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And fifth Meriones made ready his fair-maned horses. Then they mounted their cars, and cast in the lots; and Achilles shook them, and forth leapt the lot of Nestor's son, Antilochus; after him had the lord Eumelus a place, [355] and next to him Atreus' son, Menelaus, famed for his spear, and next to him Meriones drew his place; and last of all the son of Tydeus, albeit far the best, drew a place for his chariot. Then took they their places in a row, and Achilles shewed them the turning-post afar off in the smooth plain; and thereby he set as an umpire [360] godlike Phoenix, his father's follower, that he might mark the running and tell the truth thereof. Then they all at one moment lifted the lash each above his yoke of horses, and smote them with the reins, and called to them with words, full eagerly and forthwith they sped swiftly over the plain [365] away from the ships and beneath their breasts the dust arose and stood, as it were a cloud or a whirlwind, and their manes streamed on the blasts of the wind. And the chariots would now course over the bounteous earth, and now again would bound on high; and they that drave [370] stood in the cars, and each man's heart was athrob as they strove for victory; and they called every man to his horses, that flew in the dust over the plain. But when now the swift horses were fulfilling the last stretch of the course, back toward the grey sea, then verily was made manifest the worth of each, [375] and the pace of their horses was forced to the uttermost. And forthwith the swift-footed mares of the son of Pheres shot to the front, and after them Diomedes' stallions of the breed of Tros; not far behind were they, but close behind, for they seemed ever like to mount upon [380] Eumelus' car, and with their breath his back waxed warm and his broad shoulders, for right over him did they lean their heads as they flew along. And now would Tydeus' son have passed him by or left the issue in doubt, had not Phoebus Apollo waxed wroth with him and smitten from his hand the shining lash. [385] Then from his eyes ran tears in his wrath for that he saw the mares coursing even far swiftlier still than before, while his own horses were hampered, as running without goad.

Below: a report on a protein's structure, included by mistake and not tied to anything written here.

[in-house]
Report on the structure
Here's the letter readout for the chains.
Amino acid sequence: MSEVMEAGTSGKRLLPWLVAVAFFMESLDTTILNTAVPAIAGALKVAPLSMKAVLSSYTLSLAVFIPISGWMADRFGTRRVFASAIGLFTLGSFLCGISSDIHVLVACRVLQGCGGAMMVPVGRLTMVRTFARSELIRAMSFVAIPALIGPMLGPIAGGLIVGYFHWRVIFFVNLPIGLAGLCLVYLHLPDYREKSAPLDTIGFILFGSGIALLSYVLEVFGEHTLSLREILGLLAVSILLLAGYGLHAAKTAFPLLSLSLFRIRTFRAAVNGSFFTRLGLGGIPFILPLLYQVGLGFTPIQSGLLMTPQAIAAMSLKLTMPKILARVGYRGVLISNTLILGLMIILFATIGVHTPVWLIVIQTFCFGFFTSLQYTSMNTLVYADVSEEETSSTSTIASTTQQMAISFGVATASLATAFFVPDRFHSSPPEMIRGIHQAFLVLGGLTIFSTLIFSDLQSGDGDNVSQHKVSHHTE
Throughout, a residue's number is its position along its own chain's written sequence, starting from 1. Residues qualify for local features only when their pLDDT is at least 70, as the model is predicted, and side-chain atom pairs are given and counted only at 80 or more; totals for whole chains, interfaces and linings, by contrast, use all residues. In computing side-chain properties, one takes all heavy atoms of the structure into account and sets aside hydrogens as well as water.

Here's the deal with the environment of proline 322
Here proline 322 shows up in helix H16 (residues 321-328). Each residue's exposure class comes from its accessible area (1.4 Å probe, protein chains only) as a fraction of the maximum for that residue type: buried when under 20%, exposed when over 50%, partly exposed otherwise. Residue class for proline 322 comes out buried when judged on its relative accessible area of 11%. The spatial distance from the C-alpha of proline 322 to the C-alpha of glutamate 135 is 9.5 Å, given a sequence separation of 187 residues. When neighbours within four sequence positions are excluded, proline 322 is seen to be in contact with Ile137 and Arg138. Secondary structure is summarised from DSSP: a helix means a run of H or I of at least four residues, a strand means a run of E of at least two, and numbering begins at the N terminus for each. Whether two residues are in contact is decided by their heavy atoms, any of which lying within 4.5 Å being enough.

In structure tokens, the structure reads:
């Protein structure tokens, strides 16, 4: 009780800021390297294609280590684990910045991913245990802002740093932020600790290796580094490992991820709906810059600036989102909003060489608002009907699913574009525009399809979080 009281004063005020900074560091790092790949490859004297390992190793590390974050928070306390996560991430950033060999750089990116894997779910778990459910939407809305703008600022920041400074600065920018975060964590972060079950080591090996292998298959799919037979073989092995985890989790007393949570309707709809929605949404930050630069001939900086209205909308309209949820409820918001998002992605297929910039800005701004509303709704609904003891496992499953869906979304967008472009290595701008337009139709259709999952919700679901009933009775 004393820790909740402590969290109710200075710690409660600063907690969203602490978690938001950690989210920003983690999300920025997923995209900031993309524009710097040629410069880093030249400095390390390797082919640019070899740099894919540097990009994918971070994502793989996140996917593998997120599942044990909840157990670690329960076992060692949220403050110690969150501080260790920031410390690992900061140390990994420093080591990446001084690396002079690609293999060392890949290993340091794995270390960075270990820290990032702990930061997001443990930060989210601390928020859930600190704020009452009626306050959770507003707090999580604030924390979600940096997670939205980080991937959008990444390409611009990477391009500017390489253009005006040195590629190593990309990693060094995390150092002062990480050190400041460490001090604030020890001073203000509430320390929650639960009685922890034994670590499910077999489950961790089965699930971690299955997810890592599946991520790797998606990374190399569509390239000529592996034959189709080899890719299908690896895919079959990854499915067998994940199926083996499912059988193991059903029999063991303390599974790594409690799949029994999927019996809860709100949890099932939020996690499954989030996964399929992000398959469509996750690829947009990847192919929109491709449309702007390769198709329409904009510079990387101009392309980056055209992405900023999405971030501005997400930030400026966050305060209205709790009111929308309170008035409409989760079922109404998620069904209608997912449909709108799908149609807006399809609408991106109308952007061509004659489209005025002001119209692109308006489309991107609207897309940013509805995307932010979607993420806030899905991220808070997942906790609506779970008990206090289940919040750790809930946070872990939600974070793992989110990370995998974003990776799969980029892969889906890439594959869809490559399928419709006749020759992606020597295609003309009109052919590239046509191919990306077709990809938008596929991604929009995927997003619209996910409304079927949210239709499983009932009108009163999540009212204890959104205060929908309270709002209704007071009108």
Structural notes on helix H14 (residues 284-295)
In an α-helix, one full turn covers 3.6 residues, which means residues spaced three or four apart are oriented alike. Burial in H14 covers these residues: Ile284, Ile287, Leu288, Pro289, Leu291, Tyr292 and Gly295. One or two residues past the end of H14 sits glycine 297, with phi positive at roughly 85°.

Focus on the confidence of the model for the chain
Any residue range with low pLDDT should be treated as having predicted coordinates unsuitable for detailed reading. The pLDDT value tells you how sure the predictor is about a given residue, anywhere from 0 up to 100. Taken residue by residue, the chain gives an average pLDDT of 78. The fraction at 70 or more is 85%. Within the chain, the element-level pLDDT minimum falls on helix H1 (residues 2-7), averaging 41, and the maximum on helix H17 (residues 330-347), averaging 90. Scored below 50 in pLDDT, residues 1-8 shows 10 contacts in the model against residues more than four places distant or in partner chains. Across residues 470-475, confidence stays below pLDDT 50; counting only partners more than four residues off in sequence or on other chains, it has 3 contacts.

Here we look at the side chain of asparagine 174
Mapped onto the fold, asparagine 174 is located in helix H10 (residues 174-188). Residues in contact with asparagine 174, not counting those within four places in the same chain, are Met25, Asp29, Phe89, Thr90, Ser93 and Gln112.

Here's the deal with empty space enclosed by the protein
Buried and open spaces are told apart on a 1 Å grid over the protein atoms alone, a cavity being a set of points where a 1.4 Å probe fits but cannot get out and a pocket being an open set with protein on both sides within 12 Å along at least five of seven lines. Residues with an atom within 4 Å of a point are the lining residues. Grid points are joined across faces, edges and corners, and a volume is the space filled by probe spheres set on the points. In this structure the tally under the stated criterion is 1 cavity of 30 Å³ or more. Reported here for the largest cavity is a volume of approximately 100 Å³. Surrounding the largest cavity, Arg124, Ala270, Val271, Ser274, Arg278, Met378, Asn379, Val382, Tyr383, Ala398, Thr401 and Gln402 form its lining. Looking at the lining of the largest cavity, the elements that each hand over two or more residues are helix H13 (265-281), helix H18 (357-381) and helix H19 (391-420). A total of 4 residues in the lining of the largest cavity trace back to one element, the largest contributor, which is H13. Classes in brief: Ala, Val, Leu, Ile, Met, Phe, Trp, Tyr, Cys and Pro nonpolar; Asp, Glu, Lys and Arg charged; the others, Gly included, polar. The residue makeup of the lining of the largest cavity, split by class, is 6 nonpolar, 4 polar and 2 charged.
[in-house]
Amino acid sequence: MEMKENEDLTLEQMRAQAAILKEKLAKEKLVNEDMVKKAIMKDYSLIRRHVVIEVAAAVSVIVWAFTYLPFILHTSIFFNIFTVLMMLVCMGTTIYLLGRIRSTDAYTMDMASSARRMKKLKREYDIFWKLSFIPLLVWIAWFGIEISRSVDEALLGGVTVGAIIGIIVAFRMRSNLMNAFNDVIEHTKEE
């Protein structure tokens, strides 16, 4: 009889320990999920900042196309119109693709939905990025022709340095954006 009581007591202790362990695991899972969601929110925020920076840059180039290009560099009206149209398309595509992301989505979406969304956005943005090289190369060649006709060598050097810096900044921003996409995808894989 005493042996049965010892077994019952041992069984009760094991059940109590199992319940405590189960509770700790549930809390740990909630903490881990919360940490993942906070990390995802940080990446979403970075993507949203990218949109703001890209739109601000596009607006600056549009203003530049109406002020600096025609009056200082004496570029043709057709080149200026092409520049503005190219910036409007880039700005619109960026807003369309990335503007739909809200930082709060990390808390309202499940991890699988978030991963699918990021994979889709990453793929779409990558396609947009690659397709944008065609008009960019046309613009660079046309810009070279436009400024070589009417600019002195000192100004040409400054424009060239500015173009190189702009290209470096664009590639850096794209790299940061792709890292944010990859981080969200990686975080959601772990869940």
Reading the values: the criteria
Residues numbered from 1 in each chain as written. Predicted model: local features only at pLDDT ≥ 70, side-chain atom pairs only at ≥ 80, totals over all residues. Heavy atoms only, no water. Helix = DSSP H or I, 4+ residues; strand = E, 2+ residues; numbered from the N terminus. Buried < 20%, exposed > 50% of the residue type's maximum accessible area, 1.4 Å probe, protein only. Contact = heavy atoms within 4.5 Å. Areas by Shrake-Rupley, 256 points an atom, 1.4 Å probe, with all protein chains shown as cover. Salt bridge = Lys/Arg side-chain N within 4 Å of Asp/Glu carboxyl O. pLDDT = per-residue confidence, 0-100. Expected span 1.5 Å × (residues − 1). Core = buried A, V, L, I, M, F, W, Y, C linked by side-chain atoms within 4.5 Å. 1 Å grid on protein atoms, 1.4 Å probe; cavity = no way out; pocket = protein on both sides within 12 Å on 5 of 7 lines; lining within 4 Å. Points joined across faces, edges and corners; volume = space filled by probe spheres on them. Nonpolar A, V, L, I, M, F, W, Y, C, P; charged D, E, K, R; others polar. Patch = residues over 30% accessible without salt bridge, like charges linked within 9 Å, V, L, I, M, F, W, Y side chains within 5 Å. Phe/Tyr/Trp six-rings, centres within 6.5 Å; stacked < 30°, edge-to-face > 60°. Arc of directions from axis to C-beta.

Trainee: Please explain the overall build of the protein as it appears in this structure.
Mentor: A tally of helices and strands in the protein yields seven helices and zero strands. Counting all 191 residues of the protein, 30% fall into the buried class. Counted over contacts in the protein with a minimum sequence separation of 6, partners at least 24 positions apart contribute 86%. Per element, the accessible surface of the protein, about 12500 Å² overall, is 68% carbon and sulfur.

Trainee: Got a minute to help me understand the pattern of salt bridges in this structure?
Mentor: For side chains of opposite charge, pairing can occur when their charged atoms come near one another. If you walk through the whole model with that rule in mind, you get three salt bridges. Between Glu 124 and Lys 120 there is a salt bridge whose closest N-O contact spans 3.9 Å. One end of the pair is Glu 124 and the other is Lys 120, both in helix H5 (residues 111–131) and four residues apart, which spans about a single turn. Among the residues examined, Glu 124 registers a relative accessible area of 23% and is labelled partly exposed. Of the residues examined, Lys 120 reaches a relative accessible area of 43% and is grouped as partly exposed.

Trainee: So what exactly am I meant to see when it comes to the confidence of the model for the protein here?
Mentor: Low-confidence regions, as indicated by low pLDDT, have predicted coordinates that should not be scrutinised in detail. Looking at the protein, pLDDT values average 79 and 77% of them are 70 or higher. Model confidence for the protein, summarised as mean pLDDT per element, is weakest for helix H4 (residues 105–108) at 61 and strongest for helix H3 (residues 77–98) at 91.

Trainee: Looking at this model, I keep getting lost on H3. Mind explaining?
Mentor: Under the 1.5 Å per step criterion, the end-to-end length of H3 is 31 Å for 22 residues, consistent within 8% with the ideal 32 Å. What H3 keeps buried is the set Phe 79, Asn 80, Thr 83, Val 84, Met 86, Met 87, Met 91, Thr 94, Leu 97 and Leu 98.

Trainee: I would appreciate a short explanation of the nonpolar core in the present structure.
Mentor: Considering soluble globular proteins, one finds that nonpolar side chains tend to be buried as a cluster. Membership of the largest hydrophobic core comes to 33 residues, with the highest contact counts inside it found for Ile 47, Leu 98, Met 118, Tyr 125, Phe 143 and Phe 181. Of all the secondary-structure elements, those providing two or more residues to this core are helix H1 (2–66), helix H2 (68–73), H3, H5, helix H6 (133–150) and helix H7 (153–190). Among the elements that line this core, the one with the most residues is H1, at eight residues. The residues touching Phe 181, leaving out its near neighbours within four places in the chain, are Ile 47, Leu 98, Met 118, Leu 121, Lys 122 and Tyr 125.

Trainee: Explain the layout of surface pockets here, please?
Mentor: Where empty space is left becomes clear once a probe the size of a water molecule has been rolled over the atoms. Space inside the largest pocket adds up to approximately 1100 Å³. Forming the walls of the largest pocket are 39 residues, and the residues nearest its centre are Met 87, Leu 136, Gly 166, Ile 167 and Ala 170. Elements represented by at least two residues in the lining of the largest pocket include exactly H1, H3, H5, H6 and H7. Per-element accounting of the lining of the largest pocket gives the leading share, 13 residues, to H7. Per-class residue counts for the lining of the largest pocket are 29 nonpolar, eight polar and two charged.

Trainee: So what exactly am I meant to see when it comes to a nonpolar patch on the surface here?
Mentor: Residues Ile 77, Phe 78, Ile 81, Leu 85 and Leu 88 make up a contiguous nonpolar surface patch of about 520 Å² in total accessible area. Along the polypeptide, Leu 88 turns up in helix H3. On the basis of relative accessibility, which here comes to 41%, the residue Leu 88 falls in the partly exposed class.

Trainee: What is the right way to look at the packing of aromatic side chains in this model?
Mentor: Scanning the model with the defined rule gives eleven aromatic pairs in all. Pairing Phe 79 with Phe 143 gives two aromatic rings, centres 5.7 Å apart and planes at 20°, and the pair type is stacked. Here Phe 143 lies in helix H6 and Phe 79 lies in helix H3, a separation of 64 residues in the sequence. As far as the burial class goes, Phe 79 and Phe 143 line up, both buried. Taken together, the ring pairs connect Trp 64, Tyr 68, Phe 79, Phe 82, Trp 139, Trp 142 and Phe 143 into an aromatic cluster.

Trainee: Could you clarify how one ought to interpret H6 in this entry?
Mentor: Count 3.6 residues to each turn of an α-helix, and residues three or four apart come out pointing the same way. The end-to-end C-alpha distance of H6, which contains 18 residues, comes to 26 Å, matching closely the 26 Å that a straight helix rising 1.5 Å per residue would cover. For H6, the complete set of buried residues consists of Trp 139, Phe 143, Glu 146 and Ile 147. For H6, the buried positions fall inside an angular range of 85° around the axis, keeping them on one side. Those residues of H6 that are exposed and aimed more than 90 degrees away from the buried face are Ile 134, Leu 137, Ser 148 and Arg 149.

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  • Commentary references to this page (1):
    • Thomas D. Seymour, Commentary on Homer's Iliad, Books I-III, 2.766
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